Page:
Symbolism is a reoccurring theme in the Iliad; one commonly takes note that after the death of Patroclus, Achilles’ old armor transforms from representing “divine Achilles” to the symbolism of death, or Patroclus symbolizing the sacrificial servant. Although the symbolism between Achilles’ old and new armor is often scrutinized, one may notice a reoccurring resemblance with the changes happening within Achilles’ character, and the symbolisms existing within his armors. A parallelism seems to occur between Achilles as a person and the symbolism behind his suits of armor. Achilles is both divine and human, and when he transitions into his divinity, one sees a physical representation through the exchange of his armor.
“Two fates sweep me on to my death. If I stay here and fight I’ll never return home, but my glory will be undying forever. If I return home to my dear fatherland my glory is lost, but my life will be long,” This is the prophecy that was made that to Achilles by his mother Thetis. Achilles has the choice to either stay and fight only to live a short life, but his glory will live on eternally or he can choose to leave and obtain no glory but live a long life. Glory is vital to the warriors of the ancient Greek culture, and with the absence of tangible evidence of such, or kleos, the men lacked any kind of social recognition or standing. The warriors of ancient Greece received kleos through the prizes they won in battle. To win prizes a warrior must act, by participating in a raid of a city or conquering a foe in war. They then loot the city or steal valuables, such as jewels, gold, women, or their victim’s armor. The accumulation of prizes gives a warrior a physical representation of the glory they had earned through their actions. Therefore, the more prizes a warrior possesses the more glory or kleos he has.
The revelation that Achilles’ glory could live on transcend time is beyond his comprehension, given the warrior-mindset, which believed glory was contingent on the possession of material objects. The idea of kleos living on forever is known as “kleos aphthition”, which means “eternal glory”. If Achilles chooses to live a short life but allow his glory to live on forever, there will be no physical evidence of this glory. This lack of evidence is why it is very difficult for Achilles to understand the importance of kleos aphthition and make his decision, because there is no physical evidence of his glory, his glory will be passed on through word of mouth.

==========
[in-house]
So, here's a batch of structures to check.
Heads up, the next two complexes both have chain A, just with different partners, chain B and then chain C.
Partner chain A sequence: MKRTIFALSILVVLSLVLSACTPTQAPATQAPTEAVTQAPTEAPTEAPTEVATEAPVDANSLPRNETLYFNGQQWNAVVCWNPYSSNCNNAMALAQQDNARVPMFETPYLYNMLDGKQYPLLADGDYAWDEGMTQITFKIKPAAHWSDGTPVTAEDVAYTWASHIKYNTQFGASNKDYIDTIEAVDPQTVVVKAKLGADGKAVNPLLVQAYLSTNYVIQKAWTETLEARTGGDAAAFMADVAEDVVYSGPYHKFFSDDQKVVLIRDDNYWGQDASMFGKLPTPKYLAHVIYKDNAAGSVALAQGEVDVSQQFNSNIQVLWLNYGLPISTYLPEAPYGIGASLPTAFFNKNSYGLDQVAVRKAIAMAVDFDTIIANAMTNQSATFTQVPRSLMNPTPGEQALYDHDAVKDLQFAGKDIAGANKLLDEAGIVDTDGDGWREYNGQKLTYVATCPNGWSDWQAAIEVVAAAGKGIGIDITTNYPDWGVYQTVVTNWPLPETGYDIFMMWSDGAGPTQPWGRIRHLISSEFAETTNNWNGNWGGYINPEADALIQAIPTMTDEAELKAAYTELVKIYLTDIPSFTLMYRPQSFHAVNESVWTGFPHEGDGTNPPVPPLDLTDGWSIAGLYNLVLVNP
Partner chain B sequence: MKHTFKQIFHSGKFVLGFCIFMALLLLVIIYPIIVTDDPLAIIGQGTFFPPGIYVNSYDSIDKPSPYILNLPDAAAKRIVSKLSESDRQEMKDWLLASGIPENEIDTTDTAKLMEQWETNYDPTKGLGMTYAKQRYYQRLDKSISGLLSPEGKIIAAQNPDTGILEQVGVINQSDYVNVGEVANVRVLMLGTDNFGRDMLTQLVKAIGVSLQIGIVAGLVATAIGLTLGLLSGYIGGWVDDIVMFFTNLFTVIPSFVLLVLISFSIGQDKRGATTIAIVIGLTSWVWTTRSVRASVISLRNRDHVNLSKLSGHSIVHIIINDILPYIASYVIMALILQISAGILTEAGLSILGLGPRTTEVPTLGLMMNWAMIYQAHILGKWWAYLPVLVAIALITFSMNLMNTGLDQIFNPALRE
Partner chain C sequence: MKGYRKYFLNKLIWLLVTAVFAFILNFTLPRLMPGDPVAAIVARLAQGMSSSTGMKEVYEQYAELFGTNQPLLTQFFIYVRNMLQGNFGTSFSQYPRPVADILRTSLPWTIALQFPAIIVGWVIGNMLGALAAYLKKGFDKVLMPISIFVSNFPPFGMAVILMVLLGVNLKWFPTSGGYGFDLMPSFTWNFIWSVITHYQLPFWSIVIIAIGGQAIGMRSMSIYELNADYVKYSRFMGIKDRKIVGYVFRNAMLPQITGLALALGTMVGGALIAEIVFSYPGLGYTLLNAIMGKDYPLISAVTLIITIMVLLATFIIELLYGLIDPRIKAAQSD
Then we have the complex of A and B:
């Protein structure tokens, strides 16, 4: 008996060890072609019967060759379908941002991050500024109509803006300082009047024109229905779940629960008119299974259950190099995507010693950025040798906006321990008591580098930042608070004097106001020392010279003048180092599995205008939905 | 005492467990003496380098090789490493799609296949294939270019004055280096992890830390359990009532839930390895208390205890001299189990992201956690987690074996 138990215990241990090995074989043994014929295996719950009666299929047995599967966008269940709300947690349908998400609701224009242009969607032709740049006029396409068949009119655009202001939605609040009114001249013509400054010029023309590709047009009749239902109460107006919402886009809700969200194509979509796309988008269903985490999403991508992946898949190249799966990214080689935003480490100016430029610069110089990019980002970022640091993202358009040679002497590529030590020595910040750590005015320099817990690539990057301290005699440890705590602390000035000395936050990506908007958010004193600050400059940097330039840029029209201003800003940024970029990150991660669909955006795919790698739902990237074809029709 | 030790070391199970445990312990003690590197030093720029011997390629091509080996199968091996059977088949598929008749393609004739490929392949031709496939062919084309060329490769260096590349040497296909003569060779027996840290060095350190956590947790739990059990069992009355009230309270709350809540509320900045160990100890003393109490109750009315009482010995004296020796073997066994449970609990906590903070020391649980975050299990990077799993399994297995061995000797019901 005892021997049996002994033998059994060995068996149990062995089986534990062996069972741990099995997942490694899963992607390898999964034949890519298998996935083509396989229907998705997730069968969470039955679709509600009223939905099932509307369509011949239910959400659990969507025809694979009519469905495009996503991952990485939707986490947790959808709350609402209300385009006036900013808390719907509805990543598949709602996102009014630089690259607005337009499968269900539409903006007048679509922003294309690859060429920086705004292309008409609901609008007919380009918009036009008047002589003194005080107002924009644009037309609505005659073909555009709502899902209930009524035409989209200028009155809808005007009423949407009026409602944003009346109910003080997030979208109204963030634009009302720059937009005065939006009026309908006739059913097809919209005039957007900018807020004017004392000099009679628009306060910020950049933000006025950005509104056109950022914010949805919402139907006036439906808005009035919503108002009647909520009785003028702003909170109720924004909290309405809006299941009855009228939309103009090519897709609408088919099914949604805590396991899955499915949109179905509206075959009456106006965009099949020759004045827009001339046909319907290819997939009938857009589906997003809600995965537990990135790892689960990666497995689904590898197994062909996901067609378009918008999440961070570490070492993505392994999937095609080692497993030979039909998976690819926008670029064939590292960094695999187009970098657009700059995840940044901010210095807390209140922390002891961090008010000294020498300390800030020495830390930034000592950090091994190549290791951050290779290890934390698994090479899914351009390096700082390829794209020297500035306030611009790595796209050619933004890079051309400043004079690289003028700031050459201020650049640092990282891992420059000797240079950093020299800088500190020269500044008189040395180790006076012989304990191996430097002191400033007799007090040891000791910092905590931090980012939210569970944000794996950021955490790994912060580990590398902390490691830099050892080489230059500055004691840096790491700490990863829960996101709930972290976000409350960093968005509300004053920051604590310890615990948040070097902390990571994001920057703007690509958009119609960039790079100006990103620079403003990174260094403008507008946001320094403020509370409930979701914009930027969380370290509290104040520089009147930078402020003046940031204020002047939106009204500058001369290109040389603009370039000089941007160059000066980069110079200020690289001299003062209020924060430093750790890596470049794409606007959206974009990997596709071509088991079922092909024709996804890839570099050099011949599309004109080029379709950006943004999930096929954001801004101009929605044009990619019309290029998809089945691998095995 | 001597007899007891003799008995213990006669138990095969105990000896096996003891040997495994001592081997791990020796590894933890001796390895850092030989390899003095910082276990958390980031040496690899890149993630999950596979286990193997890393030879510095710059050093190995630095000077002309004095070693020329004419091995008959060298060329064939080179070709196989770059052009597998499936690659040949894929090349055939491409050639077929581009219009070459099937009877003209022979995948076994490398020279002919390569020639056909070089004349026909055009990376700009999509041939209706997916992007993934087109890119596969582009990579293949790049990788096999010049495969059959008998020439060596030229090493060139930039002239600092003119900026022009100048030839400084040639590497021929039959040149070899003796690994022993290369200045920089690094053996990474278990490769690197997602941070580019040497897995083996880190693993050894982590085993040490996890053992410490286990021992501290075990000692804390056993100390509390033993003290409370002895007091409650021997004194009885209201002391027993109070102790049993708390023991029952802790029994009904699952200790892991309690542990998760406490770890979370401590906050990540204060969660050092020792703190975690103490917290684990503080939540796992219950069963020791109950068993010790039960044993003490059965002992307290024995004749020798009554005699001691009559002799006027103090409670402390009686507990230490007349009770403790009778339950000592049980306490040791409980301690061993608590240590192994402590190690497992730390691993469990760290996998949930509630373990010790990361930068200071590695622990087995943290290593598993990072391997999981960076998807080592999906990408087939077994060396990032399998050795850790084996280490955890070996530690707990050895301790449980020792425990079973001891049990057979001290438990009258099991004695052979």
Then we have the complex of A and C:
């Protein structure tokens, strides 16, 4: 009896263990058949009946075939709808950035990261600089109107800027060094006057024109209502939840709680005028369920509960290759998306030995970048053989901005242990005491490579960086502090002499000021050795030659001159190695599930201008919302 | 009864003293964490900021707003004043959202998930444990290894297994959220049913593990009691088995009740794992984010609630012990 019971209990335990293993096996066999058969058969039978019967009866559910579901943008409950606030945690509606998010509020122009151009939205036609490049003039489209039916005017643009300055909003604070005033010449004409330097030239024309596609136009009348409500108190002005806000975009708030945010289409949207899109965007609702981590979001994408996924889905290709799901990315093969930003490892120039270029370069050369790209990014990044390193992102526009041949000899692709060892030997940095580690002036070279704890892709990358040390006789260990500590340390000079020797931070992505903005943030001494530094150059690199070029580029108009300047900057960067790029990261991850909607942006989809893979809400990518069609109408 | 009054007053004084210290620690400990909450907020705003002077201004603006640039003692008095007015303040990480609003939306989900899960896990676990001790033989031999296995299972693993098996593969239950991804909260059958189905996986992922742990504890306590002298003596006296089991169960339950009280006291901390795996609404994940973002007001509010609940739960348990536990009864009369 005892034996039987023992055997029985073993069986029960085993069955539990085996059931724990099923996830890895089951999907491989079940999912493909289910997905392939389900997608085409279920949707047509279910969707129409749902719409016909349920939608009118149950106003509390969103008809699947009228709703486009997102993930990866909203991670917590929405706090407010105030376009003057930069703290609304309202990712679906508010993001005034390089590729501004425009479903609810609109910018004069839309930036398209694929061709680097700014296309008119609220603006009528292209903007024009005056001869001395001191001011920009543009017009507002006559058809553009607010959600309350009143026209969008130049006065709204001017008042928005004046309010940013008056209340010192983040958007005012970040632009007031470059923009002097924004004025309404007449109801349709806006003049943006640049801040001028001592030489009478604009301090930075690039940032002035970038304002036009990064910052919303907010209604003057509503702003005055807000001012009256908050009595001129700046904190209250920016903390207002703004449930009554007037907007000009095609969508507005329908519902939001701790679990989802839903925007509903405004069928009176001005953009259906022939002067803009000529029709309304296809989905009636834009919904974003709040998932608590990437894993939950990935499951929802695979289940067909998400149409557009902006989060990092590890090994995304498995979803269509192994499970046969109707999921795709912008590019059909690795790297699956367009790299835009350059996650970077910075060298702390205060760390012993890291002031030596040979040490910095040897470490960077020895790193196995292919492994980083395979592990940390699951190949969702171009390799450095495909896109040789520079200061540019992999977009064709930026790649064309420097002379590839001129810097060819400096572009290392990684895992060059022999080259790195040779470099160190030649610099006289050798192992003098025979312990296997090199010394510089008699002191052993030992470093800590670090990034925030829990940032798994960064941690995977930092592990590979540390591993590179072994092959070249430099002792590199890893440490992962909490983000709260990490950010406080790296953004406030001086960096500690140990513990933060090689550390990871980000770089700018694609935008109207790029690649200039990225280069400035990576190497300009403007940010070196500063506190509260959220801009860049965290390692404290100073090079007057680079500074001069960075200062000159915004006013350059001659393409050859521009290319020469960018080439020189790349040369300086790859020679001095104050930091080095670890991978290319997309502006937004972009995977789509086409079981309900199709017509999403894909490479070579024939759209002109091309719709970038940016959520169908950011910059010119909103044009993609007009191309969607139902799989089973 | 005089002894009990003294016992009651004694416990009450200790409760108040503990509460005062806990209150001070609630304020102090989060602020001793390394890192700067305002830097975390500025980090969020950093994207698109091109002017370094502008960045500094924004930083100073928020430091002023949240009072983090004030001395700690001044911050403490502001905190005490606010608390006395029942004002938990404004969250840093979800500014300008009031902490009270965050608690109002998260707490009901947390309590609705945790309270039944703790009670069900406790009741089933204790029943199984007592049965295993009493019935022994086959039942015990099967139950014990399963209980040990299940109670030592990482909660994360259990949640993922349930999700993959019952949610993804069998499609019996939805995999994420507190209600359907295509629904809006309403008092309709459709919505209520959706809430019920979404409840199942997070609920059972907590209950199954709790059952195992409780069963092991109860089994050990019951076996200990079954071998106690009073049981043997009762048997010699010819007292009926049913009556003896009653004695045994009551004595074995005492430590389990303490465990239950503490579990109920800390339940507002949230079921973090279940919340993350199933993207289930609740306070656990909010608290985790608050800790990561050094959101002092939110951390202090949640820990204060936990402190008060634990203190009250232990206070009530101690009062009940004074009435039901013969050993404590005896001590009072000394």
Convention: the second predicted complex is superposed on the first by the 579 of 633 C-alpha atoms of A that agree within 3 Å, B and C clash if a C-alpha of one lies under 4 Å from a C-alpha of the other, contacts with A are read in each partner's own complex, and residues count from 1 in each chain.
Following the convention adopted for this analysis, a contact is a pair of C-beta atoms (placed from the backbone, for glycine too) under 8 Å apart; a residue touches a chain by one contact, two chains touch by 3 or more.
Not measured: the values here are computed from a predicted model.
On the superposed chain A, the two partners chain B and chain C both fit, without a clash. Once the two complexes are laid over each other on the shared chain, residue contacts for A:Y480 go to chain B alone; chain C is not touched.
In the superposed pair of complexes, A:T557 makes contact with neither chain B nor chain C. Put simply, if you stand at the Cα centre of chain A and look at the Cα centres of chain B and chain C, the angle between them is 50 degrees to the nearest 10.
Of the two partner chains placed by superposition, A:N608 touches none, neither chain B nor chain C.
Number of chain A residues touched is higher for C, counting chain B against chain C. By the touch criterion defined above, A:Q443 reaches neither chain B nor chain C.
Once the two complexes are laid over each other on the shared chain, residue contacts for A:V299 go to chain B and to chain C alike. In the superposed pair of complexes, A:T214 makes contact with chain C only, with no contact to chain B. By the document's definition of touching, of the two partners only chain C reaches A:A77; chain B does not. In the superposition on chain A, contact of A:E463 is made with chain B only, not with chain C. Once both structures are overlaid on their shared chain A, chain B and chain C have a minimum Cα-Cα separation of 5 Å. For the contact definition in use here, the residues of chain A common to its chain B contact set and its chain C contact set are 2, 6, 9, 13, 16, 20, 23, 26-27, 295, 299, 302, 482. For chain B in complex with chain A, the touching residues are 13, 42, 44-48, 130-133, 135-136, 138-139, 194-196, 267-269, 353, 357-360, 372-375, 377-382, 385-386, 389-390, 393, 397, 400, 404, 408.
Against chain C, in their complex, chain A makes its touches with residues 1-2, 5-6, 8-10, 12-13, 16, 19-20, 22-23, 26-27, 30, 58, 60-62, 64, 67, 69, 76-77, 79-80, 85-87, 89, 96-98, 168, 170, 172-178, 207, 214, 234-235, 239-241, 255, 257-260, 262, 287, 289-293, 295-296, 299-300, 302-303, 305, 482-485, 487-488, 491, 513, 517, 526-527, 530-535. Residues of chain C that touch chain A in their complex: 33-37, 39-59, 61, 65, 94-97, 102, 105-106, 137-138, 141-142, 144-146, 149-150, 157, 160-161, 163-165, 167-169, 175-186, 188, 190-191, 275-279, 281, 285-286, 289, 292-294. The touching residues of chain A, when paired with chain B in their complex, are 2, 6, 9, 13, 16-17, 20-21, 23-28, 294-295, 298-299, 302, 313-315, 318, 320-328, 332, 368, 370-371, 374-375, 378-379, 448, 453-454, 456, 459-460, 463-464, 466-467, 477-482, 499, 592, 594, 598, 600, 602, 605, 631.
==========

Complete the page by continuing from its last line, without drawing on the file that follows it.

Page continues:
Through the prediction of the choice he must make, Achilles is now the link between life and death. He ultimately decides to die young but to allow his glory to live on eternally. Achilles’ prophecy is essentially predicting that Achilles will physically die, but his memory will live on to immortality. This immortality is completely different from the immortality of the gods. Since Achilles’ mother Thetis is a goddess he is half divine, and has received some godly gifts; for example, when Achilles rages into battle after the death of his close friend Patroclus, Homer depicts the rage that is Achilles by recalling, “But the son of Peleus pressed on in glory, his invincible hands spattered with gore.” Homer depicts Achilles in godly terms, “he pressed on in glory”, or “his invincible hands.” Only gods are invincible, therefore, Homer is emphasizing Achilles divinity. Although Achilles received some godly traits, he did not inherit the immortality trait from his mother. His glory and memory will live on forever, but his physical body will not.
Achilles new armor also being made by the god Hephaestus is a physical representation of Achilles divinity. When Achilles’ mother brings her son his new armor his men shudder and cannot look at it, nothing has been made like this before and his men cannot understand it. Since this new defense is something never before seen, Achilles is now once again something that exists outside of his men’s frame of reference.
Although Achilles is not the first warrior whose armor was created by the divine, he obtained something that was never before seen. Depicted on the shield of his armor is a fantastic portrayal of creation, encompassing many of the aspects of life. Almost all of creation is depicted on the shield, demonstrating cohesion of divinity and humanity. Achilles’ shield is an excellent reminder that through his existence he is the link between the divine and human realms. Therefore, Achilles’ new armor is a physical representation of his divinity and his humanity.